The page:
Anti-Tank Weaponry

With the rise of the tank, first seen in the First World War and massively impacting the Second, fighting forces around the world needed to produce weapons that could penetrate these mechanical beasts. Anti-tank weapons were developed for use against this newcomer to the battlefield. These included missiles, guns and mines that could render such beasts unusable.

During WWI, the initial response was the use of grenades and large caliber rifles to try to penetrate the relatively weak armor of early tanks or to blow off their tracks. The use of artillery and land mines were also quite effective.

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At the start of WWII, some low-trajectory artillery guns had been manufactured to be used as anti-tank weapons. They fired special ammunition and as the war progressed, larger calibres and many different types of ammunition began to be used. These included shells that were tipped with a tougher alloy, better propellants to improve speed and more powerful explosives. If you’ve always been fascinated by tanks, did you know that you can now have a Tank Driving experience? Find out more with Armourgeddon Tank Driving Days.

One of the most successful anti-tank guns of the Second World War was the German 88-mm anti-tank gun. Other anti-tanks guns made use of a hollow or shaped shell that would explode on impact, pushing the energy forward making the penetrative force far greater. Other guns developed included recoilless rifles.

The Second World War also saw development in a range of anti-tank missiles and other launching platforms, of which the U.S bazooka was probably the most well-known. The bazooka was a short-range rocket launcher that could be transported and aimed by a single operator.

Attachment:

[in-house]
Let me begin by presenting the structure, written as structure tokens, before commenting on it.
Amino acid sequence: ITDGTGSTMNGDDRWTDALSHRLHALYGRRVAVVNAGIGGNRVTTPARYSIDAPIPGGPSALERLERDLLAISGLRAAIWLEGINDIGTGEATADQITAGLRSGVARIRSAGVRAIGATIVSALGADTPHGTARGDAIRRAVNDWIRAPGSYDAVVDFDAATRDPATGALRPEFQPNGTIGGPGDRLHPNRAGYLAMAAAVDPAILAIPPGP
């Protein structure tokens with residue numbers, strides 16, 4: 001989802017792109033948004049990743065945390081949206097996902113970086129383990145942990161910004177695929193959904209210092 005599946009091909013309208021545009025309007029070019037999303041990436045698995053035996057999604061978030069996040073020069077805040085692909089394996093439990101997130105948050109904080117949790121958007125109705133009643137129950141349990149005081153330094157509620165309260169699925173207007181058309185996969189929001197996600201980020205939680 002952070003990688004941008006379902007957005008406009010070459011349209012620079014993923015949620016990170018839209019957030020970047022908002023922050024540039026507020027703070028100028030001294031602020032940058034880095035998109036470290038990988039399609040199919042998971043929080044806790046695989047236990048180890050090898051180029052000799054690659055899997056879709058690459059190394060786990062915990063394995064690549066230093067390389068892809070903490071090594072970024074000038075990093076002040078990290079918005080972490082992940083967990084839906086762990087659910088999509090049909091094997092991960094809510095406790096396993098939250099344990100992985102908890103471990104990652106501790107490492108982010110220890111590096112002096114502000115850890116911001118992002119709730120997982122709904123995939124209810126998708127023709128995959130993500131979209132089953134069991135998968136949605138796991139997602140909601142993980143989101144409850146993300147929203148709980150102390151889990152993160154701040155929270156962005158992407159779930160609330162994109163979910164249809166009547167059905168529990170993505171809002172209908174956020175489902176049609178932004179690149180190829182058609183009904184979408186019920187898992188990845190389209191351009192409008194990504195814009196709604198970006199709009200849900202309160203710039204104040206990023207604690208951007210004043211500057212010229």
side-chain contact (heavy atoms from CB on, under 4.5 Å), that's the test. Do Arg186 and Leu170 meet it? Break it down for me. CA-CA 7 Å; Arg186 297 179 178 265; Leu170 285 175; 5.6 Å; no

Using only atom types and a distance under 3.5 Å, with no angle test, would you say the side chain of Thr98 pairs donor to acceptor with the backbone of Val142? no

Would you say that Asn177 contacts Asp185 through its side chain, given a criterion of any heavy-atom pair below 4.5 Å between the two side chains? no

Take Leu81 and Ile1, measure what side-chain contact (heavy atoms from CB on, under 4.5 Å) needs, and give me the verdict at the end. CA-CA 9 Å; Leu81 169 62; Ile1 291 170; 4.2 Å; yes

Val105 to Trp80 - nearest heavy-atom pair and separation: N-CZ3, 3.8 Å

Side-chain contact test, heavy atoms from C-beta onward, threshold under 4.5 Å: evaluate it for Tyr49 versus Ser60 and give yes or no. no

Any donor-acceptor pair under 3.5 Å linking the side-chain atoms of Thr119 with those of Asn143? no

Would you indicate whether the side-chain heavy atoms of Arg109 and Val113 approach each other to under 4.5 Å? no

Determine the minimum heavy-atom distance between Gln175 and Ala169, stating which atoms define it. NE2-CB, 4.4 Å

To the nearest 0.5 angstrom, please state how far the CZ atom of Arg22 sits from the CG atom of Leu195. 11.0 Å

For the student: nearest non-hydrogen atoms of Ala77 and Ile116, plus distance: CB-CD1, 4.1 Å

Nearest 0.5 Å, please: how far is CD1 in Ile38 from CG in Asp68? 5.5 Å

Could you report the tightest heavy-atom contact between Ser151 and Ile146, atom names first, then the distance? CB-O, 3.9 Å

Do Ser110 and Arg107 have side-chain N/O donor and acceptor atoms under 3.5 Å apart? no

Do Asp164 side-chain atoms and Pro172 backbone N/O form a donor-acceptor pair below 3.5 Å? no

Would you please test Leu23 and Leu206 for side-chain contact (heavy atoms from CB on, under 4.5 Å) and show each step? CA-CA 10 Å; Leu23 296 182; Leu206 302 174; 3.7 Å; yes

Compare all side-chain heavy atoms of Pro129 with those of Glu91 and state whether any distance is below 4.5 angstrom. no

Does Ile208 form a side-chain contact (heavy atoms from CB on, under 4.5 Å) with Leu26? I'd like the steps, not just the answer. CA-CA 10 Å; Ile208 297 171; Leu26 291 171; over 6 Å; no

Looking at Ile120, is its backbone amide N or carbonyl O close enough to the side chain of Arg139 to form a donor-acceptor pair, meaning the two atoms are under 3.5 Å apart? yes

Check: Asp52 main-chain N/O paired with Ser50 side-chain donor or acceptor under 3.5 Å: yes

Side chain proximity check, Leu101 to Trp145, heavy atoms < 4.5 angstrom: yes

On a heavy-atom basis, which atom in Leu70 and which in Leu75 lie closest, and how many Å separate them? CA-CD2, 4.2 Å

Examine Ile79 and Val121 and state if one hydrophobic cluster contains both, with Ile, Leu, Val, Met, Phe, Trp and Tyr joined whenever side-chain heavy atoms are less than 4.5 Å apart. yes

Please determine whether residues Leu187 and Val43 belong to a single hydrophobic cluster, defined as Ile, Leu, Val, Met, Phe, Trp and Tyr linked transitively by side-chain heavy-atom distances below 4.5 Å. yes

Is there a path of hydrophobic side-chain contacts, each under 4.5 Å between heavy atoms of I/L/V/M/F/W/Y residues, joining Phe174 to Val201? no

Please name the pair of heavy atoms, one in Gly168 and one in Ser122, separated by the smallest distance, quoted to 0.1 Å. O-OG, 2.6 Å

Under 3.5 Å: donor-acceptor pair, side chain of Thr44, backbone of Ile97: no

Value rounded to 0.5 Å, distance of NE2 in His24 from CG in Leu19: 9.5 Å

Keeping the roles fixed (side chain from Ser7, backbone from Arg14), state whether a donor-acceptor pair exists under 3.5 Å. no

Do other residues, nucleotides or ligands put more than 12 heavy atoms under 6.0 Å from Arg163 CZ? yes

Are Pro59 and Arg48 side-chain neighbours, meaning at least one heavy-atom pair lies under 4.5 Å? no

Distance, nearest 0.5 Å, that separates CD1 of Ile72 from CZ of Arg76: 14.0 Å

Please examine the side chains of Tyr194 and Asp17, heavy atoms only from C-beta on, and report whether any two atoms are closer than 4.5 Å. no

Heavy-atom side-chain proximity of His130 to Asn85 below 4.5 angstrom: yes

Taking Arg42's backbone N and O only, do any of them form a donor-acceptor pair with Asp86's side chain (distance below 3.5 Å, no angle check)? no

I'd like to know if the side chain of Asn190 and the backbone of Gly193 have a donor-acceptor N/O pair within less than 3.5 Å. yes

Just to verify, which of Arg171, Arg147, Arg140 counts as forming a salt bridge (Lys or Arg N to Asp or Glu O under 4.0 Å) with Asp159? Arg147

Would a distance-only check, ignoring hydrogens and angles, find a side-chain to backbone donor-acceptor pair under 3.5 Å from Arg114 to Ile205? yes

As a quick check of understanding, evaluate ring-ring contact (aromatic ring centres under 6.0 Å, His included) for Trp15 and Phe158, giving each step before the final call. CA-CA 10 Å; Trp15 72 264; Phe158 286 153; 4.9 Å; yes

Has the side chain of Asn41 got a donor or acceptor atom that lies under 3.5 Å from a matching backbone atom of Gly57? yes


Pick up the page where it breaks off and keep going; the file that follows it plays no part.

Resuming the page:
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It wasn’t until after the Second World War that major advances in the technology of anti-tank weaponry took place in multiple directions. One of the most significant of these was the development of electronically guided missiles, using either a wire or beam guidance system.

By the arrival of the 1970s, guided missiles had obtained a good rate of accuracy, range and refinement. Guns used for anti-tank purposes had also improved and developed, specifically in terms of accurate projectiles, explosives, propellants and the production of the gun tubes.

This guided missile that emerged after WWII was the main anti-tank weapon to be developed in the fight against enemy tanks. They were also designed to be effective against bunkers and buildings. They advanced to acquire significantly more power and range capability than the earlier versions.

Anti-tank missiles were originally designed for infantry to provide self-protection, flexibility in tactics and to be easily mounted onto trucks, armored vehicles and crucially, anti-tank helicopters.

The earliest guided missiles were controlled via electronic instructions that were sent via very thin wire which came from a spool located on the back of the missile. They were propelled by solid fuel rockets and used aerodynamic fins to provide essential control and lift. The tracking had to be completed visually with a tail flare on the missile and commands were given via a hand-guided joystick. The missiles were designed to be launched from a transporting container and able to be handled by only one or two operators.